The Great Aduhelm Saga that concluded unhappily for Biogen and millions of desperate Alzheimer’s patients in January is only the most colorful example of Big Pharma’s fruitless pursuit of a cure. For decades, drugmakers have been working overtime to develop a pill that would ease the suffering of an ever-expanding population of dementia sufferers. The results have not inspired confidence: About 99 percent of the trials have ended in failure.
Maybe it’s time to consider an alternative approach.
It’s been pretty well established in recent years that certain specific health conditions increase your chances of descending into dementia. The Lancet Commission on Dementia Prevention, Intervention, and Care in 2017 identified nine risk factors: hypertension, obesity, diabetes, hearing loss, depression, smoking, physical inactivity, social isolation, and lower levels of education. Three years later, the commission added these: exposure to unhealthy air quality, traumatic brain injuries, and immoderate alcohol consumption. More recently, a study in JAMA Neurology added impaired vision to the list.
There’s not a lot we can do about the air we’re breathing, educational attainment may be influenced by factors beyond our control, and a random tumble could unexpectedly rattle our fragile brains. But many of the other risk factors are modifiable — and probably more likely to mitigate our chances of developing Alzheimer’s than anything Big Pharma will offer in the future.
That’s not to say it’s easy to quit smoking or lose weight or tamp down your blood pressure, but we do have some control over these conditions, notes University of Michigan ophthalmologist Joshua Ehrlich, MD, MPH, lead author of the JAMA Neurology paper. Analyzing data from the Health and Retirement Study, he and his team determined that about six in 10 current dementia cases could have been prevented had those risk factors been eliminated. “We’re not talking about expensive interventions or fancy surgery or seeing specialists who are hours away,” he tells the New York Times. “These are things people can do in the communities where they live.”
The brain needs reliable stimulation from sensory organs like the ears in order to maintain its functionality. Without it, neurons die, and the brain system becomes rearranged.
My ears stopped functioning optimally several years ago, so I’m particularly intrigued by several recent studies showing the relationship between hearing loss and cognitive function. Researchers explain that the brain needs reliable stimulation from sensory organs like the ears in order to maintain its functionality. Without it, neurons die, and the brain system becomes rearranged. Hearing loss can also lead to social isolation and depression, two notable risk factors for dementia.
More than one in four U.S. seniors suffer from hearing loss, but only about 30 percent of those use hearing aids. I get that: They’re outrageously expensive — about $5,000 for a pair — and traditional Medicare doesn’t cover the cost. I recently managed to replace the one I lost nearly a year ago, courtesy of my Medicare Advantage plan ($699), but I realize even that kind of an outlay is a stretch for plenty of seniors.
Eyeglasses aren’t exactly cheap, either, but Ehrlich’s research suggests they’re well worth the expense, because poor vision can also affect cognitive performance as we age. The process is similar to that which occurs when your hearing goes: Your brain is starved for stimulation and gradually rearranges itself in a way that erodes its ability to smoothly function.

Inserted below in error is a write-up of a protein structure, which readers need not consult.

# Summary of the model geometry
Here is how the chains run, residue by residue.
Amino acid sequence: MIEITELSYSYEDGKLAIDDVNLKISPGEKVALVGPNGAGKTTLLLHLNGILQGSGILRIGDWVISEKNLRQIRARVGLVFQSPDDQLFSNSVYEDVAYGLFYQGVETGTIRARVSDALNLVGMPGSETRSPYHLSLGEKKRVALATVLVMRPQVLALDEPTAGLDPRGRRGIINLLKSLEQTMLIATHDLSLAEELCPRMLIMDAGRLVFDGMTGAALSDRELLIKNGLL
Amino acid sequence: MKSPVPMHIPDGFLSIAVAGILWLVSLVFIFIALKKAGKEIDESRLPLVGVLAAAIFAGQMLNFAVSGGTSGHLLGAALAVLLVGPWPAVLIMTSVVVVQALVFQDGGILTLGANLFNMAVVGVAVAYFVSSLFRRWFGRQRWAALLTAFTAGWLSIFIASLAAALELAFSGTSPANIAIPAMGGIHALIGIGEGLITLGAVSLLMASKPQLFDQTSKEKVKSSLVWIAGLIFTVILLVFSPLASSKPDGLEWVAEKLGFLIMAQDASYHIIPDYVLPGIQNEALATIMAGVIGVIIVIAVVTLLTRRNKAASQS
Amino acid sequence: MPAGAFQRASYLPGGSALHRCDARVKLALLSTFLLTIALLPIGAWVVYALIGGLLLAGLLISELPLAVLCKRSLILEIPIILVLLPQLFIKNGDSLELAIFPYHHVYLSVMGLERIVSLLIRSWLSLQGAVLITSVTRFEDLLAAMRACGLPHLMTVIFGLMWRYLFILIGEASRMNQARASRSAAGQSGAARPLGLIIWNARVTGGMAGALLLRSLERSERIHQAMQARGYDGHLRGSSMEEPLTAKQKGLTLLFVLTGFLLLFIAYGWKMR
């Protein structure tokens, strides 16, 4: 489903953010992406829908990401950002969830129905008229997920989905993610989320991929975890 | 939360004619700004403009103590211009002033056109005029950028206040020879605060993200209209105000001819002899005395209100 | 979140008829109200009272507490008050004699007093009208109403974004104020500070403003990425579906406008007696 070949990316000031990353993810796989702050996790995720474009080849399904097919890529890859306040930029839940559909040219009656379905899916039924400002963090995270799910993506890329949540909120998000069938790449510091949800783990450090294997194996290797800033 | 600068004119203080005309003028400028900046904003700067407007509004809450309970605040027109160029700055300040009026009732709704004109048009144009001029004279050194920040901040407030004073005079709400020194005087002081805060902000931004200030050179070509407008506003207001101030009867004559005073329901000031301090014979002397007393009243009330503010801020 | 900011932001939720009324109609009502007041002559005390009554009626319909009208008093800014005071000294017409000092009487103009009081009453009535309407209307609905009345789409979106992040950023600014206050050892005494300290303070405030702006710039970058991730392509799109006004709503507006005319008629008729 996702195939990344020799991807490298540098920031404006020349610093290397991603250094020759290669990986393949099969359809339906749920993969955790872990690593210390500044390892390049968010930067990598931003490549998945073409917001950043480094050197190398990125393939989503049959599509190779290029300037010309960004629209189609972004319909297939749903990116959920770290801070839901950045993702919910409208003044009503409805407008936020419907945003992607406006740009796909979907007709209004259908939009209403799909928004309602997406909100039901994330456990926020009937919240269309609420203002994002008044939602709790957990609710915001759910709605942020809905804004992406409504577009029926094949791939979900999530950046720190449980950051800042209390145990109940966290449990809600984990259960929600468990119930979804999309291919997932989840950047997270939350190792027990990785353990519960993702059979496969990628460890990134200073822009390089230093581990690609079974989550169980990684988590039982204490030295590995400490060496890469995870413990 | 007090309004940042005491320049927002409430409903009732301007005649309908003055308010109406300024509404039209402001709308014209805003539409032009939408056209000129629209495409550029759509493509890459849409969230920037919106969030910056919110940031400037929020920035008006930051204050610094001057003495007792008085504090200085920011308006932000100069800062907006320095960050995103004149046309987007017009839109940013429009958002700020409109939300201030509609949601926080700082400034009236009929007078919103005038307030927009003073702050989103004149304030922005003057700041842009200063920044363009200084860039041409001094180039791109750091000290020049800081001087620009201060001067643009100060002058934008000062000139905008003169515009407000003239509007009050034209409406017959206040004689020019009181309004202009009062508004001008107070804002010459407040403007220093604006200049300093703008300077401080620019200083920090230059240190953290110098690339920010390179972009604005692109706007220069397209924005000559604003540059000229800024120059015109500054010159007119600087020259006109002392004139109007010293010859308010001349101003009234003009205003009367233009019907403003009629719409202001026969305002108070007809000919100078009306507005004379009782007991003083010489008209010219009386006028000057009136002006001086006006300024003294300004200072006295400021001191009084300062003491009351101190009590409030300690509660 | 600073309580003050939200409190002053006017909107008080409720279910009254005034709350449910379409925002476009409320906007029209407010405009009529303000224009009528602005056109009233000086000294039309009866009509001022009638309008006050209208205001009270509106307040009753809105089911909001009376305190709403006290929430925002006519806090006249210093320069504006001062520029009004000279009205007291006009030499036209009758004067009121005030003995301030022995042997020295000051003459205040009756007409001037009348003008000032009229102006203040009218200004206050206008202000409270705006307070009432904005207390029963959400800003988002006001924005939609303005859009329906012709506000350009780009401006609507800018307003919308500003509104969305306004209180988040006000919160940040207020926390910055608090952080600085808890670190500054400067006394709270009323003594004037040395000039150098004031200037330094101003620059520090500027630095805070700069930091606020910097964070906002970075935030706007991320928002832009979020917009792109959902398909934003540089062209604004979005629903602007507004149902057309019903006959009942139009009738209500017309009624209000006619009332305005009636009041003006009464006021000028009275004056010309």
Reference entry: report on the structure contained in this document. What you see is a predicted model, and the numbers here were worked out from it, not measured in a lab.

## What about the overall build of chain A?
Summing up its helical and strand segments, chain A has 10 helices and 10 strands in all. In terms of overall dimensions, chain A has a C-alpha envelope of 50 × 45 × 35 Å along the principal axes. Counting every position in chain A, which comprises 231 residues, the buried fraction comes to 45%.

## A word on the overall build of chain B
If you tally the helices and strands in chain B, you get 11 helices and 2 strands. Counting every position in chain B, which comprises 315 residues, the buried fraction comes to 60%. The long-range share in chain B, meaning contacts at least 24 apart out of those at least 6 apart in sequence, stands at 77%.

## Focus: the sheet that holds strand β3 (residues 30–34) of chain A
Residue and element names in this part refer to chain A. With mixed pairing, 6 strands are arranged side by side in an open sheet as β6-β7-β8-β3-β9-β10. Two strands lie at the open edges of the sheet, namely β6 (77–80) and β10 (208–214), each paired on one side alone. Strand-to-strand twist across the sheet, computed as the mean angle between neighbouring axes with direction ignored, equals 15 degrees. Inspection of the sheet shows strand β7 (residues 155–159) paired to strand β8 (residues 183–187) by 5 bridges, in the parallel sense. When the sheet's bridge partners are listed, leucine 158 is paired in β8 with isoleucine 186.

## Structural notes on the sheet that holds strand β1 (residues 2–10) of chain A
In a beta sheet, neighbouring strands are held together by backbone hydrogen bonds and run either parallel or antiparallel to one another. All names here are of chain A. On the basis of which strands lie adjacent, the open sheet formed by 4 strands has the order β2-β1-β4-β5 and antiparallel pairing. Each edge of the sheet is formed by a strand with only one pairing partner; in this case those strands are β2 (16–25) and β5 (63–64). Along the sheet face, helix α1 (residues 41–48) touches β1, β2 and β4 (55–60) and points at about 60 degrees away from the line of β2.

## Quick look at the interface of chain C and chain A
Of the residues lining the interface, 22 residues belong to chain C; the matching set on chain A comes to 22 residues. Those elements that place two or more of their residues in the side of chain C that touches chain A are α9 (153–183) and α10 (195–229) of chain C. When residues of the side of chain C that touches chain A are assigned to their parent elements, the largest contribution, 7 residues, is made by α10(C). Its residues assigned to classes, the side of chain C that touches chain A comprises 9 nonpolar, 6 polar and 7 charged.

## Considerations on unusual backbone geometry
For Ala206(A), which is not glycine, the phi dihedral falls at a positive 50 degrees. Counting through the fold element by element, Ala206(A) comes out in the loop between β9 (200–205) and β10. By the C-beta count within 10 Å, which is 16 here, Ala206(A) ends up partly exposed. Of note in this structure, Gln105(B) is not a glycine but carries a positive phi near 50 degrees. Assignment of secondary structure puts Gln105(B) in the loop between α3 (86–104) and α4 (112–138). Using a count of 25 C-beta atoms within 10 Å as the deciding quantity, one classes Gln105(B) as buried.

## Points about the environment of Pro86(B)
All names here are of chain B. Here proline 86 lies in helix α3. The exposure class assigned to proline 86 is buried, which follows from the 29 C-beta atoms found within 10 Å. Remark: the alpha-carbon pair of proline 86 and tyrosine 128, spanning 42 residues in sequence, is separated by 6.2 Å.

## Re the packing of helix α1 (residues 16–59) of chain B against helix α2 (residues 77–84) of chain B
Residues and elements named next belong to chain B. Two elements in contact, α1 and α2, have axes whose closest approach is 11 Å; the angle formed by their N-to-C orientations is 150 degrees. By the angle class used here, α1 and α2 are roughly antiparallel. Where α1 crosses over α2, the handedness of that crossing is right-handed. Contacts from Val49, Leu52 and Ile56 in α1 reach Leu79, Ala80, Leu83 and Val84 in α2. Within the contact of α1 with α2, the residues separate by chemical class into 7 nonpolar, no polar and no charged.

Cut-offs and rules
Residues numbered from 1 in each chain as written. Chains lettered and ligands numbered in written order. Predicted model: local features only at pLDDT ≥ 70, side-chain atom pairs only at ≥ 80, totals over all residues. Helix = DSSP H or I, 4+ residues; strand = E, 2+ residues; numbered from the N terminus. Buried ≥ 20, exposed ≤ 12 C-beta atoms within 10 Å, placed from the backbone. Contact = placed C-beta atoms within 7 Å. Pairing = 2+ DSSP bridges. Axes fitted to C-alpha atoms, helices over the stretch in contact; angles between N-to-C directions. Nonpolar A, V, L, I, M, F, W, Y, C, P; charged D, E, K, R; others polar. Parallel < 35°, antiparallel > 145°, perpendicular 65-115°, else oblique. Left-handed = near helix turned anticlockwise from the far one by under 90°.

“An estimated 90 percent of vision impairment is preventable or has yet to be treated,” he writes. “Nevertheless, vision impairment has not been included in the dominant life-course models of dementia risk factors used to shape public health and research priorities.”
“Vision impairment has not been included in the dominant life-course models of dementia risk factors used to shape public health and research priorities.”
Ehrlich’s findings were echoed — and amplified — in a recent study from the University of Toronto that detailed the cognitive risks of both hearing and vision impairment. Reviewing 10 consecutive waves of the American Community Survey between 2008 and 2017, researchers determined that seniors grappling with impaired vision were more than three times as likely as a control group to develop dementia. And those navigating with vision and hearing loss were eight times more likely to display cognitive dysfunction. About half of the seniors dealing with both issues developed Alzheimer’s.
“Dual sensory impairment prevents an individual from compensating for the loss of one sense through the use of another,” explains study coauthor Aliya Nowczynski, MSW. “Our findings emphasize the need to reach out to older adults with dual sensory impairment, to assess whether there are opportunities for early intervention.”
Not long after I lost my hearing aid, I also began to realize that my glasses were no longer doing their job. Eight years had passed since I’d had my vision checked, which my optometrist assured me was much too long between visits. Not surprisingly, the checkup revealed some noteworthy changes in my ability to view the world. I really needed reading glasses, for one thing, and I’d become a bit more nearsighted than before. The upside? No cataracts yet.
So now I’m navigating with functional eyes and ears, which (theoretically, at least) should lower my risk of losing my marbles in the years ahead. I’m in reasonably decent shape for an old guy. I quit smoking a half-century ago, I stay pretty upbeat, and I do my best to maintain some social connections — all protective measures for an aging brain. But life is a crapshoot; nothing is assured from moment to moment. The other day while biking to the office, for instance, I nearly collided with a truck emerging from a blind alley. No harm done, but it did make me think I might want to consider wearing a helmet.